Chapter 4

Fig. 4-3. Support-cone experiment layout.

The polarization flexibility and excellent axial ratio of the overall antenna system have been employed by Schuster and Levy [6,7] to perform a number of interesting polarization experiments with the planet Venus as a radar target.

Deep Space Station 13: Venus


4.1 The Dual-Mode Conical Feed Horn The most significant improvement in the design of the Venus antenna was the change to a dual-mode conical feed horn [8,9], sometimes referred to as a Potter feed horn. It is well known that the conical feed horn, operating in the dominant circular (transverse-electric) TE11 mode, effectively has a tapered aperture distribution in the electric plane. For this reason, its beamwidths in the electric and magnetic planes are more nearly equal than those with a square pyramidal feed horn; this is a valuable feature for polarization diversity applications. An additional result of this tapered electric-plane distribution is a more favorable sidelobe structure than with the square feed horn. The dual-mode conical feed horn utilizes a conical feed horn excited at the throat region in both the dominant circular TE11 mode and the higher-order (transverse-magnetic) TM11 mode. These two modes are then excited in the feed-horn aperture with the appropriate relative amplitude and phase to effect complete beamwidth equalization in all planes, complete phase center coincidence, and at least 30dB sidelobe suppression in the E-plane. Because of the desired presence of the higher-order TM11 mode in the feed horn, it is necessary to maintain extreme mechanical precision (of the order of 10–3 wavelength) on the inner surfaces to prevent mode conversion, with attendant pattern degradation. For this reason, very conservative mechanical design and fabrication techniques are used, and, as a result, the entire feed horn was machined from three solid aluminum billets.

4.2 Gain Calibration The accurate gain calibration of large antenna systems poses a special problem because of the large distance involved in far-field tests (10.6 km for a 26-m [85-ft] antenna at 2.4 GHz). Consequently, a calibration signal source was installed on Mt. Tiefort, 20.4 km from the antenna. The technique used for gain calibration involved direct measurement of the signal attenuation between the antenna and the Mt. Tiefort signal source, using suitable corrections for atmospheric loss [10,11]. An accurate standard horn calibration of an identical dual-mode feed horn as the feed was performed, yielding an expected feedhorn gain value of 22.02 ± 0.09 dB. Using the above results, the 26-m antenna gain at the feed-horn output was found to be 54.40 ± 0.15 dBi; the corresponding aperture efficiency was 0.65. This was the most accurate gain measurement made on the 26-m antennas and was used for calibration of radio source absolute flux density. A computer program was developed for secondary pattern and gain calculations, using feed radiation pattern data and calculated aperture blockage. The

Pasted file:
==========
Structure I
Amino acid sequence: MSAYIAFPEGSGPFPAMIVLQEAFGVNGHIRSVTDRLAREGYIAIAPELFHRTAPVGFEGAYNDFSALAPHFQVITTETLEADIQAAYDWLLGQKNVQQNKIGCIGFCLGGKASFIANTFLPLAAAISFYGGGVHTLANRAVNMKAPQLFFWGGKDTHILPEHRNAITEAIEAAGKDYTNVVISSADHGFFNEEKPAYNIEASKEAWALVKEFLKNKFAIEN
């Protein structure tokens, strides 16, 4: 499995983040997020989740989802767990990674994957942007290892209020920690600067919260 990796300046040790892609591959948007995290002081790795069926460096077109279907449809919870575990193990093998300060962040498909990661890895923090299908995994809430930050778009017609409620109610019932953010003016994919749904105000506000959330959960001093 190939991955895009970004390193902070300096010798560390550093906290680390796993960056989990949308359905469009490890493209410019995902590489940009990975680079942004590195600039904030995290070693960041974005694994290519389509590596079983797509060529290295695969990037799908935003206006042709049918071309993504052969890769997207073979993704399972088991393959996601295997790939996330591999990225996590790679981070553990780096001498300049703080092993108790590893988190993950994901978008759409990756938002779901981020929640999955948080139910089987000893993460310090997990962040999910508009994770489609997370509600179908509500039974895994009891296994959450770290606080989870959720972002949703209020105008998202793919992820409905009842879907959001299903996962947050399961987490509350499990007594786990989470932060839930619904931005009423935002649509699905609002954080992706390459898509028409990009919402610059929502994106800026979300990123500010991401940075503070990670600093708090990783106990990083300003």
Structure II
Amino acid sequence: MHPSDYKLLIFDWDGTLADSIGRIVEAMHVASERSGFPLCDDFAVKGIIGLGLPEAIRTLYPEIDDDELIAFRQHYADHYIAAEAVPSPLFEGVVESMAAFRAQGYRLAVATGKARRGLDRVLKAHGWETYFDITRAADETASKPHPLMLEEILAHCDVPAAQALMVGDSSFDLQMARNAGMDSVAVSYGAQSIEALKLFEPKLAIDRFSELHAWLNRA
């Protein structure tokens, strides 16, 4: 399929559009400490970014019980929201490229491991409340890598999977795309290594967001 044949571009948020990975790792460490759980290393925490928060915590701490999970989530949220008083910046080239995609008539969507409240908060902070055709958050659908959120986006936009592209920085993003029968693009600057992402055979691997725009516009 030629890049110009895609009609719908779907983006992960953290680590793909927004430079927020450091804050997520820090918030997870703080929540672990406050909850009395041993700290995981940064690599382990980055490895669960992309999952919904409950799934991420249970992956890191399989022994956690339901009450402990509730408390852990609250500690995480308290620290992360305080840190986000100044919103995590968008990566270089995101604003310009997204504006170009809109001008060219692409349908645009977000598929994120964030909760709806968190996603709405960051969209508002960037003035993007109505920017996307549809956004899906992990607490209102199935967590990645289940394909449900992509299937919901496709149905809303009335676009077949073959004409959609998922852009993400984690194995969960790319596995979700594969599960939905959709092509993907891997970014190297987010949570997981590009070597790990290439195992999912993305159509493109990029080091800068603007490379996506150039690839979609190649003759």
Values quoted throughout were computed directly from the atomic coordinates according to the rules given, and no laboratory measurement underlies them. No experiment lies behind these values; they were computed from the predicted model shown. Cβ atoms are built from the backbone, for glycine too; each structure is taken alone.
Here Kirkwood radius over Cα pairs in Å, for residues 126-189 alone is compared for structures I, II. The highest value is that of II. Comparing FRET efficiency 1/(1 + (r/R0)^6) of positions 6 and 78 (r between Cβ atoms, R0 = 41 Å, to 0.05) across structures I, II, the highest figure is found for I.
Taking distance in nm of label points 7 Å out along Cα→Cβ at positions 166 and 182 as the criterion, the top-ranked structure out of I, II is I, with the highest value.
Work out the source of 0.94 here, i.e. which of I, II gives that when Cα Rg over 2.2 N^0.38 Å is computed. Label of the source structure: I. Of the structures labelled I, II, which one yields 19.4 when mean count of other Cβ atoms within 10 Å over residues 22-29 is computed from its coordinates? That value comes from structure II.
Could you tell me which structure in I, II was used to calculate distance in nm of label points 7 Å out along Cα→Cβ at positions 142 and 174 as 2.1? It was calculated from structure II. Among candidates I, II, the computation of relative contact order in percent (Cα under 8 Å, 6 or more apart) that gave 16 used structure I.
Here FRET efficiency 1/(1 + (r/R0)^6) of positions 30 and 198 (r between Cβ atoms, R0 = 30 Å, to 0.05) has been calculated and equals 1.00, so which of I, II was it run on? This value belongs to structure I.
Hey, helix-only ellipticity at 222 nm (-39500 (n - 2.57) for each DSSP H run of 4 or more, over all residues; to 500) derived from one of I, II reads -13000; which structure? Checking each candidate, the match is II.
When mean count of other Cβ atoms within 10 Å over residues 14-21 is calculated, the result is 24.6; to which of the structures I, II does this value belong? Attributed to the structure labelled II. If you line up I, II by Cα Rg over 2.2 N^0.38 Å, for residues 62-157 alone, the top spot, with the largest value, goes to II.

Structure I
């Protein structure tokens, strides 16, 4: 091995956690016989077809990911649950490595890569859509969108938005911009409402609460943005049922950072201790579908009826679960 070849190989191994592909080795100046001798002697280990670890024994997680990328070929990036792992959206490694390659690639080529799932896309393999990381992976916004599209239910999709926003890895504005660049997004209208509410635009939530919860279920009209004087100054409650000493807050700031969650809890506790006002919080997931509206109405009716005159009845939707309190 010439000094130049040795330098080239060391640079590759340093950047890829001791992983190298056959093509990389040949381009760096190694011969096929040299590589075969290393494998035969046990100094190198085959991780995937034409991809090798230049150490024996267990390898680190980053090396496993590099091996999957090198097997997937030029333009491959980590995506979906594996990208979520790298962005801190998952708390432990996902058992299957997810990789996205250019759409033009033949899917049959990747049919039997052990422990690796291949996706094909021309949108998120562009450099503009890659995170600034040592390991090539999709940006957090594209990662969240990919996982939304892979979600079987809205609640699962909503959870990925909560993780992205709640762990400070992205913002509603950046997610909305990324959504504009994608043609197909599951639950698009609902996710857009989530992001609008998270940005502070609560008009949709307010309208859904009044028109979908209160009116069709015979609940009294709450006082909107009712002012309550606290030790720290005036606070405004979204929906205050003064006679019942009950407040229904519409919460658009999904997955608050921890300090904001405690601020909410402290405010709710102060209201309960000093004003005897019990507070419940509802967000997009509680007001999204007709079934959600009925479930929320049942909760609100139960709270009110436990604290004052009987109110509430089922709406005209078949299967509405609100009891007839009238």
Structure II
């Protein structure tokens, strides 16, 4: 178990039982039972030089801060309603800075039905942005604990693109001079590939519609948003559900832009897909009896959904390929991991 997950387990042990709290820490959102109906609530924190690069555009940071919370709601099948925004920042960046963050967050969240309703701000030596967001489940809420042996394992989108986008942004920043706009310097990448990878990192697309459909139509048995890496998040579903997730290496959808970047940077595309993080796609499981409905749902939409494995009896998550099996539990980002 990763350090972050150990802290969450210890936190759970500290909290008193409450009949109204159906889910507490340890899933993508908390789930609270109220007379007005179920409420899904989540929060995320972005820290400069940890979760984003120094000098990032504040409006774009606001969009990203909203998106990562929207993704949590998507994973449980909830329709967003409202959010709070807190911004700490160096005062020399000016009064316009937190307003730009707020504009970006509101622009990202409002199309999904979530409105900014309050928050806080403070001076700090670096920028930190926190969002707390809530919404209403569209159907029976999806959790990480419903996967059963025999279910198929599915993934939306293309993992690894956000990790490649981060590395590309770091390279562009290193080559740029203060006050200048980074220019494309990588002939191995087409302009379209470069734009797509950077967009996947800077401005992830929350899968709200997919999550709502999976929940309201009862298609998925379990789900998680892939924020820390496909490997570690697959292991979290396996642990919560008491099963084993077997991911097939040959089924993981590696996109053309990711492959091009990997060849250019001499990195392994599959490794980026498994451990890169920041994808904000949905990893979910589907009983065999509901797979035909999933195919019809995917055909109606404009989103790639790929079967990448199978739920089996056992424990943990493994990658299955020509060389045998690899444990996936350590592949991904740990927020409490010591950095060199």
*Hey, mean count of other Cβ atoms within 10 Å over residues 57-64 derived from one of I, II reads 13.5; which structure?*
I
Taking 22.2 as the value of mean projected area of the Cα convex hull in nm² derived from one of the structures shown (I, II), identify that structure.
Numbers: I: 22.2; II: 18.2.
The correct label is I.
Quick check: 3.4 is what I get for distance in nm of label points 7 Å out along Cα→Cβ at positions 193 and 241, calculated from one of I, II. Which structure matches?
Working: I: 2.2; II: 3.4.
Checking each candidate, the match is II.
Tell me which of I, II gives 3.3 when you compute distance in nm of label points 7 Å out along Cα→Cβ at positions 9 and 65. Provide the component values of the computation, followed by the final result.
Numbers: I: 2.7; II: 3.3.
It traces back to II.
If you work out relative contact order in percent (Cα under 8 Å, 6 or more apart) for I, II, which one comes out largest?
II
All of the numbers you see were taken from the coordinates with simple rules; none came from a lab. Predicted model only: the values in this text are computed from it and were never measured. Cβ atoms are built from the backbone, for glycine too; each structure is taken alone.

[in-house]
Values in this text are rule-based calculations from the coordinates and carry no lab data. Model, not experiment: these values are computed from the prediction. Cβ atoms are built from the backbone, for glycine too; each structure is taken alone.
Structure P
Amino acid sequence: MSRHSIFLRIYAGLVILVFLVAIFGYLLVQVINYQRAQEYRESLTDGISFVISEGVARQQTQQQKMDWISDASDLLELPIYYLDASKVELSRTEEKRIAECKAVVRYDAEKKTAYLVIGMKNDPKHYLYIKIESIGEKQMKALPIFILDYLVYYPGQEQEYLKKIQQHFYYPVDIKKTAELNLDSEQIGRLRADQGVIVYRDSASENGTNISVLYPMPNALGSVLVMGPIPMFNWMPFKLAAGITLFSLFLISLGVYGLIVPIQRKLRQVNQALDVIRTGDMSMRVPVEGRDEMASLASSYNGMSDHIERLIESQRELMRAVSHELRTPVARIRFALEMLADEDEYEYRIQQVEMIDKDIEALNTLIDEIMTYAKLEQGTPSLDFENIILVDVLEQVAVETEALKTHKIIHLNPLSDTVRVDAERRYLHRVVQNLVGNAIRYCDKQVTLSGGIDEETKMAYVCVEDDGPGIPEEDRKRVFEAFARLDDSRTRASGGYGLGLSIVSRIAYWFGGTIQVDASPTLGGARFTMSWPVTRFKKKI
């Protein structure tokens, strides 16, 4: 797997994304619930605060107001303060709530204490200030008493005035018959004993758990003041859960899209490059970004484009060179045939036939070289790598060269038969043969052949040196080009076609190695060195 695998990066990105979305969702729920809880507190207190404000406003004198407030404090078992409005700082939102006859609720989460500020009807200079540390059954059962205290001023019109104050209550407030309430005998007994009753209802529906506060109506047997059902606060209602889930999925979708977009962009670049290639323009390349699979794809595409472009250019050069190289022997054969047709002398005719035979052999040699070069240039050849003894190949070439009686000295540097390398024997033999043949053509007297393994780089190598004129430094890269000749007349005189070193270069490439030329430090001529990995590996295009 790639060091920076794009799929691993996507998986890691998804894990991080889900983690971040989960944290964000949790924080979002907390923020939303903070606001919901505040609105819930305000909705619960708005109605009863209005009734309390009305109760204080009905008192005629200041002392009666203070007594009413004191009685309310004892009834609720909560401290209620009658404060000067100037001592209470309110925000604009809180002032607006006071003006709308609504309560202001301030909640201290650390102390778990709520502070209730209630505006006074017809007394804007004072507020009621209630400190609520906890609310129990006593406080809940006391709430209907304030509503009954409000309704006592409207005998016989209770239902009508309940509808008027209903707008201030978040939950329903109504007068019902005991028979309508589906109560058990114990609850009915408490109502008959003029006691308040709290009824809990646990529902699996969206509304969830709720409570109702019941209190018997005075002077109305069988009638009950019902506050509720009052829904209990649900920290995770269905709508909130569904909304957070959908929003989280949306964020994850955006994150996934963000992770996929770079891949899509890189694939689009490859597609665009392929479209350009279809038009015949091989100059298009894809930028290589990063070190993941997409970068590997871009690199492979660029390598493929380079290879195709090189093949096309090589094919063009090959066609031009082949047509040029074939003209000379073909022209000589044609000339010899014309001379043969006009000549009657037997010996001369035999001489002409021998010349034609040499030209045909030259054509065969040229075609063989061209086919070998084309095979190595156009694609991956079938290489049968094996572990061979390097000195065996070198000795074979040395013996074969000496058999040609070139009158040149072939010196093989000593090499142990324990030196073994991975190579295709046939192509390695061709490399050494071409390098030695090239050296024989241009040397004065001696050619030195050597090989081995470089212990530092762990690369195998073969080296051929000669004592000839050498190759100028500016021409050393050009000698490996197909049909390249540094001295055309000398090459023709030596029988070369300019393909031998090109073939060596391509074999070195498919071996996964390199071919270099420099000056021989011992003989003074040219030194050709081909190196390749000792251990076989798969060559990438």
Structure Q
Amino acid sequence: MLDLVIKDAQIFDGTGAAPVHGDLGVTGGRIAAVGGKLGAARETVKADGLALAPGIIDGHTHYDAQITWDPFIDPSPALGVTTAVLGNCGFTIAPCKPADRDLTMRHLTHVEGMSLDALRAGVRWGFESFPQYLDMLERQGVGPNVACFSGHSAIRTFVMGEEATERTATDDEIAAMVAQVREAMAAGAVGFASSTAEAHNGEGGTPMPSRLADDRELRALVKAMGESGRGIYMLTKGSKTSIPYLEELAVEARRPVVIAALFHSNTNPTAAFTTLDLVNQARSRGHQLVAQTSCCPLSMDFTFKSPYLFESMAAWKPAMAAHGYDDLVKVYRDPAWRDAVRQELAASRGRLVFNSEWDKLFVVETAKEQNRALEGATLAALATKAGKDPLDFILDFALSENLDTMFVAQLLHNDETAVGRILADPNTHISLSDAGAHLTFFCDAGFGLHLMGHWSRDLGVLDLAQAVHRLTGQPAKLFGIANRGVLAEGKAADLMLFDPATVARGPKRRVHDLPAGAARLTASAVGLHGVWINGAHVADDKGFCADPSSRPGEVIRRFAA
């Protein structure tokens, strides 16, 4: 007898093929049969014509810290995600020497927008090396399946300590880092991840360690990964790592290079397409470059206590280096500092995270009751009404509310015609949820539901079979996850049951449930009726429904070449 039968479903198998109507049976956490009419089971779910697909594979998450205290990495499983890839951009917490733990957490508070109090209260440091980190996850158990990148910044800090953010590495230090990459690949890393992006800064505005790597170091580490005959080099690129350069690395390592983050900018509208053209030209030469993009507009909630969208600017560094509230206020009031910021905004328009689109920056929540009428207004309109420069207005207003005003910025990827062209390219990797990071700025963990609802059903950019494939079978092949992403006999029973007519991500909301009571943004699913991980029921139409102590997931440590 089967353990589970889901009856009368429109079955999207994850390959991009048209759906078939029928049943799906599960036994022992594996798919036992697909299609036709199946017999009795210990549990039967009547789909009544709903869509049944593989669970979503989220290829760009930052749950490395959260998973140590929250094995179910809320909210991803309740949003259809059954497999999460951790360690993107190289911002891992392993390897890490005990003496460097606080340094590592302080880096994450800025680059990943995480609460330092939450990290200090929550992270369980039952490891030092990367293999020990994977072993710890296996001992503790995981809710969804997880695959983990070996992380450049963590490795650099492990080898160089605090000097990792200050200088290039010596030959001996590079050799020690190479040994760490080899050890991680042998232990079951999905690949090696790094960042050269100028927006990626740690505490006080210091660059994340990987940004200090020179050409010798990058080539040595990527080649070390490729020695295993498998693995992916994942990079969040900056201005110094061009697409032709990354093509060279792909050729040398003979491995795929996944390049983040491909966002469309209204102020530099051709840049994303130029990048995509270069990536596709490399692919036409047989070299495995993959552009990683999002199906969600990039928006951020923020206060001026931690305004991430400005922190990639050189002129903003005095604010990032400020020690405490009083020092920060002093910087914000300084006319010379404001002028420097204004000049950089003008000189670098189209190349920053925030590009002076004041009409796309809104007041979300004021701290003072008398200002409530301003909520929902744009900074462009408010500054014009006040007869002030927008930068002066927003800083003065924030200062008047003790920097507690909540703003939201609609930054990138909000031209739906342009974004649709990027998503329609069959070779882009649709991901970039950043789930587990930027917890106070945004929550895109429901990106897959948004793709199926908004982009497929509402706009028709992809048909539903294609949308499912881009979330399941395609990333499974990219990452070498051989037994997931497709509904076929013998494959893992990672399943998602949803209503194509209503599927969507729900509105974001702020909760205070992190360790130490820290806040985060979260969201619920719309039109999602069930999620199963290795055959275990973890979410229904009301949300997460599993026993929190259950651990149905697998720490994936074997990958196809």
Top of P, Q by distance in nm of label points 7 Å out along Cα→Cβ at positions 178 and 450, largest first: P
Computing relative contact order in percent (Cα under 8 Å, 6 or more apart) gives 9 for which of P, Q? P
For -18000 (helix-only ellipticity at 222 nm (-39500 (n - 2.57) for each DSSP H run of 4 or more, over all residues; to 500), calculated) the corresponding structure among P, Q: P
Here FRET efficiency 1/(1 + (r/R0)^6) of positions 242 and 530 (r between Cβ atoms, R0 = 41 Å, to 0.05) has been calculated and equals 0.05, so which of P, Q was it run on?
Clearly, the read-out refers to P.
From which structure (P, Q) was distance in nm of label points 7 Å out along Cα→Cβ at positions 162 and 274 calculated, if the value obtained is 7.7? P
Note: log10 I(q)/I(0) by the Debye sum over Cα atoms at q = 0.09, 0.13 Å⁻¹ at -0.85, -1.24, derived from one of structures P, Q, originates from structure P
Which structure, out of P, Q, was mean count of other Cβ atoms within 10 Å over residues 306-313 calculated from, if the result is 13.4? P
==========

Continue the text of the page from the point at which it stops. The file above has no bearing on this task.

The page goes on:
Chapter 4

quadripod was included in the calculation as four wedge-shaped regions corresponding to the physical outline of the trusswork with an opaqueness factor to account for the fact that trusswork is partially transparent. Table 4-1 compares the predicted and measured gain. The 63 percent opaqueness factor is the number derived from equating the measured and predicted gain. Table 4-1 indicates possibilities for future improvement. As was found in later developments, about a 1-dB improvement in performance was achieved by increasing the illumination efficiency by dual-reflector shaping and by decreasing effective quadripod blockage through more efficient structural design. General techniques for determining effective antenna temperature have been derived by Schuster et al. [12]. The method used for evaluating the planetary radar system basically consists of comparing the noise power received by the antenna with that emitted by the liquid nitrogen and liquid helium terminations. Corrections for the small (0.1-dB) insertion losses in the various transmission paths were made, resulting in an overall standard deviation for the zenith antenna temperature of approximately 0.75 K. The mean value for the antenna temperature at the feed-horn output is 10.5 K. Figure 4-4 is a plot of the antenna temperature as a function of elevation angle, together with the temperature that would be observed if the only elevation angle dependence were that predicted by Hogg [10] for the atmosphere. Note that the forward sidelobe contribution to antenna noise temperature is scarcely discernible. Table 4-1. Predicted and measured gain. Item